China says it is ready to help Kenya with debt

China stands ready to help Kenya deal with its debt challenges, it's embassy in Nairobi said on Monday (January 18) adding that both sides are holding "smooth" talks over the issues.

Beijing is one of Kenya's biggest external creditors, having lent billions of dollars for the construction of rail lines and other infrastructure projects in the past decade.

But after months of lockdown measures, the East African country's revenues have been pummeled, its debts are falling due and it is grappling with gaping fiscal deficits.

In a statement the embassy in Nairobi said China attaches "great importance" to debt suspension and alleviation in African countries, including Kenya.

The embassy said China has signed debt service suspension agreements with 12 African countries and provided waivers of matured interest-free loans for 15 under the G20 Debt Service Suspension Initiative.

That scheme allows the world's poorer countries to defer official bilateral payments through to the end of June but last week World Bank President David Malpass, speaking at the Reuters Next conference, expressed frustration at a lack of private sector support for the initiative at a time when many countries are grappling with economic and health crises.

"Looking at it from the standpoint of the private sector, they say a contract is a contract. But I guess I would push back and say throughout history there have been occasions where there needs to be deep debt reduction and this clearly is one of those occasions. So I'm, I'm, I urge the private sector to take a look country by country at the over-indebtedness and look for ways to share the burden with the official bilateral creditors."

The Chinese embassy did not say whether Kenya will get relief through the same G20 initiative or a separate deal.

Last week Kenya secured a debt repayment relief deal with the Paris Club of international lenders and is seeking further relief from other bilateral creditors.

Video Transcript

- China stands ready to help Kenya deal with its debt challenges, its embassy in Nairobi said on Monday. Adding that both sides are holding smooth talks over the issues. Beijing is one of Kenya's biggest external creditors, having lent billions of dollars for the construction of rail lines and other infrastructure projects in the past decade. But after months of lockdown measures, the East African country's revenues have been pummeled. Its debts are falling due and it's grappling with gaping fiscal deficits.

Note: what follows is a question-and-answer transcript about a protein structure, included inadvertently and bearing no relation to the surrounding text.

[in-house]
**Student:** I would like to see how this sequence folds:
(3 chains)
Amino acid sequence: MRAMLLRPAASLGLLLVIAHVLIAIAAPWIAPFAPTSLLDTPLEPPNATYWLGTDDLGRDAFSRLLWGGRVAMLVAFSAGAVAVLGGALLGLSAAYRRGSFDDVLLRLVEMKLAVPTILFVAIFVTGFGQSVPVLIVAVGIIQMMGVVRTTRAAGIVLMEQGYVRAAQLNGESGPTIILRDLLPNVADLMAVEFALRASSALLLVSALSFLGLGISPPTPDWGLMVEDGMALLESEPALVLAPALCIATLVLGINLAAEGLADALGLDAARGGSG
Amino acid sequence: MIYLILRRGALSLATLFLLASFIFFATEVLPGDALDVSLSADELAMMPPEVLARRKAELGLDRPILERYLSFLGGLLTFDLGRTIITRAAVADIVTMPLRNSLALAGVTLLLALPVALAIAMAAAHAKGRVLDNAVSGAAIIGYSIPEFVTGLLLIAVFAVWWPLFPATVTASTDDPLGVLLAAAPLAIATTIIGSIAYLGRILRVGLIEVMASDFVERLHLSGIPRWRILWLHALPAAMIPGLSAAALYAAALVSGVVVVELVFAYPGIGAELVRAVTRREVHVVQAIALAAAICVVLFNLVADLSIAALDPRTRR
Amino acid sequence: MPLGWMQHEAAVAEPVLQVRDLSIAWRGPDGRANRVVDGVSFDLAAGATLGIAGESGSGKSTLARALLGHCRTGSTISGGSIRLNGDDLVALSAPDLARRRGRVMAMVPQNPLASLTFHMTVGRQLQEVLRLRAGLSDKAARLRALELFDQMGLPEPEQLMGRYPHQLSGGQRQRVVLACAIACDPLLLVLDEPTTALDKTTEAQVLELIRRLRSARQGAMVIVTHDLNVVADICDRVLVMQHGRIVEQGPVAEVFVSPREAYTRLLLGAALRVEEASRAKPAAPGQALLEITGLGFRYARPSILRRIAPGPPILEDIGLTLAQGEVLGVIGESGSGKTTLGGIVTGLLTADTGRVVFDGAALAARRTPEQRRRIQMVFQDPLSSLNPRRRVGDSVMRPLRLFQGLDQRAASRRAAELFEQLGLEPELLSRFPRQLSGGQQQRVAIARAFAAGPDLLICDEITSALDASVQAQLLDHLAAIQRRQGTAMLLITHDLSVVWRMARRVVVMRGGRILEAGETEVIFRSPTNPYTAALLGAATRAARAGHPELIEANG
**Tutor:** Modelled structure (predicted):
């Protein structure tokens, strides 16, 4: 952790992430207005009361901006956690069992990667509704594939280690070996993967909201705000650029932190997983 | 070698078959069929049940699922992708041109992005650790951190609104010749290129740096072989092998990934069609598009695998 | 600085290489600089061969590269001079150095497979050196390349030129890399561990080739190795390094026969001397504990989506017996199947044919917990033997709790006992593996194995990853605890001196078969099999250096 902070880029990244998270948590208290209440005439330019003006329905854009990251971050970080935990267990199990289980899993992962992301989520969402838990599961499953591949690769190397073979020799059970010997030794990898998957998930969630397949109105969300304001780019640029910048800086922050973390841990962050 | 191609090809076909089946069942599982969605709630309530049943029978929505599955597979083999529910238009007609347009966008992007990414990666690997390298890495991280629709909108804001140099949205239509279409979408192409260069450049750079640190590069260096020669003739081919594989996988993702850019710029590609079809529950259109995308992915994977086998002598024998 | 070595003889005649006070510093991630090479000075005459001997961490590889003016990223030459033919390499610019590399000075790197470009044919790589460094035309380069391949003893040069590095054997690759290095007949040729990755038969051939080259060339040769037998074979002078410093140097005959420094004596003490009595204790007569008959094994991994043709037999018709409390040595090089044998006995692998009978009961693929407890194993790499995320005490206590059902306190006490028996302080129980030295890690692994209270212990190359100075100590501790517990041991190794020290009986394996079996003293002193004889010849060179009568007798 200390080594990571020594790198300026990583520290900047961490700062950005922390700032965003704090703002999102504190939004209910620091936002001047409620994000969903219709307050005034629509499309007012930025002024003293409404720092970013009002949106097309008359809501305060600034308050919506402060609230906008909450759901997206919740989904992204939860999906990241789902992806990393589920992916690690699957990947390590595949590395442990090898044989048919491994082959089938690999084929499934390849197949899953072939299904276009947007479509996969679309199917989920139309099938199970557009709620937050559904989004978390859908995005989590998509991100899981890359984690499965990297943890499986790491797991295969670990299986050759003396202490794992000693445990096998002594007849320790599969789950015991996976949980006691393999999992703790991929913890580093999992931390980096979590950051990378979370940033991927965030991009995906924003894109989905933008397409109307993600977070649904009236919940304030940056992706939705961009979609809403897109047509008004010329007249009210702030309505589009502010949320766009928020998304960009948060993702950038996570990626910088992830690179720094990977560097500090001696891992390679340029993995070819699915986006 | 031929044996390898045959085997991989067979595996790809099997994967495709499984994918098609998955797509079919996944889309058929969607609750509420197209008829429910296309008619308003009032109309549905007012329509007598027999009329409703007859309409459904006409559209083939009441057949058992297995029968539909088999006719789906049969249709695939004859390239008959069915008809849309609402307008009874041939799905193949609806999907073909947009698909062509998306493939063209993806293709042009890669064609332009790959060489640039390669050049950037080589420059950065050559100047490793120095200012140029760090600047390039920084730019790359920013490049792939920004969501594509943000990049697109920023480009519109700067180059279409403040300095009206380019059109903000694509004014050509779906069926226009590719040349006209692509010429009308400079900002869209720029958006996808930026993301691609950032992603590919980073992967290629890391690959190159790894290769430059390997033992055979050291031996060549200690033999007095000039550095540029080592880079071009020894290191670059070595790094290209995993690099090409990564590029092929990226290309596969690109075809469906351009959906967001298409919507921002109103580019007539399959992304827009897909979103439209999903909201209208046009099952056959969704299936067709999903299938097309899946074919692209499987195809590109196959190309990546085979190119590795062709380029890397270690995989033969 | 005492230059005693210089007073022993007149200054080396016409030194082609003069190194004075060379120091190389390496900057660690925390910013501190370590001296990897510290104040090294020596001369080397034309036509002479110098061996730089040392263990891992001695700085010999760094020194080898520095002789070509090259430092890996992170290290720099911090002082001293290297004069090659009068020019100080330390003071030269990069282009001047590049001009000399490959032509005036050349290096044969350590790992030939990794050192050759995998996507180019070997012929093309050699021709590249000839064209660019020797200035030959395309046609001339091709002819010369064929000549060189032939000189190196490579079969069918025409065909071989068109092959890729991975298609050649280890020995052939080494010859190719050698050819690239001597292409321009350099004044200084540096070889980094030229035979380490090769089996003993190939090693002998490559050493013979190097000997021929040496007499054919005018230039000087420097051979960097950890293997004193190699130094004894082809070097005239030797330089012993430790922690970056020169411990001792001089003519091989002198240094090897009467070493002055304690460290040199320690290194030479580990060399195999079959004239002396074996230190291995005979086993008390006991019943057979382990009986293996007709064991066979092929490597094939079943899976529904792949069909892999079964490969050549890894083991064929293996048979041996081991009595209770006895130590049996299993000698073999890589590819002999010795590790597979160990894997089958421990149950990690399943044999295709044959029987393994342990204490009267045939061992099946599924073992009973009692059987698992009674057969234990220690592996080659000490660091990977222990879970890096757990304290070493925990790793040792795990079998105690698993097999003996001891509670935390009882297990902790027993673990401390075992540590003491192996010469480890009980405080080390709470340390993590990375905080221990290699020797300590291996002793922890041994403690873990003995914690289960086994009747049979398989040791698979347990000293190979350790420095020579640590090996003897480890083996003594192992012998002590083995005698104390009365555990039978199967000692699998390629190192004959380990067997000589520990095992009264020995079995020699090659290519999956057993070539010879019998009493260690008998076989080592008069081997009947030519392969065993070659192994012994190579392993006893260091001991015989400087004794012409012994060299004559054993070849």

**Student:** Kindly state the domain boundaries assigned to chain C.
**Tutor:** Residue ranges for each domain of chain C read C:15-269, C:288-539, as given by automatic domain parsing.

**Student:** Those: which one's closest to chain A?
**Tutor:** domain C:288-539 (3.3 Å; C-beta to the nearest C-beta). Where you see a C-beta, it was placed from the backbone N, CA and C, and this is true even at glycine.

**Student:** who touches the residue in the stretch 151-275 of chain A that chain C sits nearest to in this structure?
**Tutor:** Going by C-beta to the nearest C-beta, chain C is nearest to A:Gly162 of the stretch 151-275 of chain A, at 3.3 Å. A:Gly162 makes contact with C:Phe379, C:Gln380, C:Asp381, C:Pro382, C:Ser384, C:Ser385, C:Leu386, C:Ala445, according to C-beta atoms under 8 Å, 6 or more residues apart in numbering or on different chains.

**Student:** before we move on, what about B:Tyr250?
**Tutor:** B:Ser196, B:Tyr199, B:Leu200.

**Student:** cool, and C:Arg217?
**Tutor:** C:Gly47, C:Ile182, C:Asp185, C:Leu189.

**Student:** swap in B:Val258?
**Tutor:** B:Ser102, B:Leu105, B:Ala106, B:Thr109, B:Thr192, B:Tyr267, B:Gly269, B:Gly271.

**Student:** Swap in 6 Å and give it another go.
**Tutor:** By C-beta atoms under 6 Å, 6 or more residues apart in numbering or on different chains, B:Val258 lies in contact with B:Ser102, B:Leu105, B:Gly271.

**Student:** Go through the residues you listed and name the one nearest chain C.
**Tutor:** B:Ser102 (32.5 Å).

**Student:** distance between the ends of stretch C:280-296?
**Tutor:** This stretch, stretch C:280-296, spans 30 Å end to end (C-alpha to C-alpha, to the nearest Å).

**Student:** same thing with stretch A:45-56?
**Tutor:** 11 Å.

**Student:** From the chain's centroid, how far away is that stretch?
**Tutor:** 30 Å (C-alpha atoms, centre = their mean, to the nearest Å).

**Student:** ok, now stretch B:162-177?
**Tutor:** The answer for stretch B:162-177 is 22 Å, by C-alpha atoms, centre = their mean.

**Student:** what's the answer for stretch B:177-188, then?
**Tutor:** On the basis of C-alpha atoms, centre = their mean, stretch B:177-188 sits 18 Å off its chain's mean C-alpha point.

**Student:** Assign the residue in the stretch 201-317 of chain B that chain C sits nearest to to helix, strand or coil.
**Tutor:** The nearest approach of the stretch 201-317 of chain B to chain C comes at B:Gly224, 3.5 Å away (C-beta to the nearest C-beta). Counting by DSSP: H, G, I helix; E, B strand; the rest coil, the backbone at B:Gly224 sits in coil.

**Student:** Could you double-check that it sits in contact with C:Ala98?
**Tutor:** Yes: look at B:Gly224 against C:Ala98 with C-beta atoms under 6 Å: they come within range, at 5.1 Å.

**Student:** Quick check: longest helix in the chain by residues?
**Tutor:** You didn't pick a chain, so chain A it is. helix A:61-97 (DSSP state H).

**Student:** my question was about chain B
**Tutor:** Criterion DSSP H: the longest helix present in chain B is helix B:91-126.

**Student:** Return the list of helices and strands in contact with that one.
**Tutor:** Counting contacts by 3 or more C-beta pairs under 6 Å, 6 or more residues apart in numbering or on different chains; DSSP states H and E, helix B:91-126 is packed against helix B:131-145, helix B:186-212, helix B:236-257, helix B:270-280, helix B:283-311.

In a statement, the embassy in Nairobi said China attaches great importance to debt suspension and alleviation in African countries, including Kenya. The embassy said China had signed debt service suspension agreements with 12 African countries and provided waivers of matured interest-free loans for 15 under the G20 Debt Service Suspension Initiative. That scheme allows the world's poorer countries to defer official bilateral payments through to the end of June. But last week, World Bank President David Malpass, speaking at the Reuters Next conference, expressed frustration at a lack of support for the initiative from the private sector, at a time when many countries are grappling with economic and health crises.

DAVID MALPASS: Looking at it from the standpoint of the private sector, they say a contract's a contract. But I guess I would push back and say throughout history, there have been occasions where there needs to be deep debt reduction and this clearly is one of those occasions. So I urge the private sector to take a look country by country at the over-indebtedness and look for ways to share the burden with the official bilateral creditors.

- The Chinese embassy did not say whether Kenya will get relief through the same G20 initiative or a separate deal. Last week, Kenya secured a debt repayment relief deal with the Paris Club of international lenders and is seeking further relief from other bilateral creditors.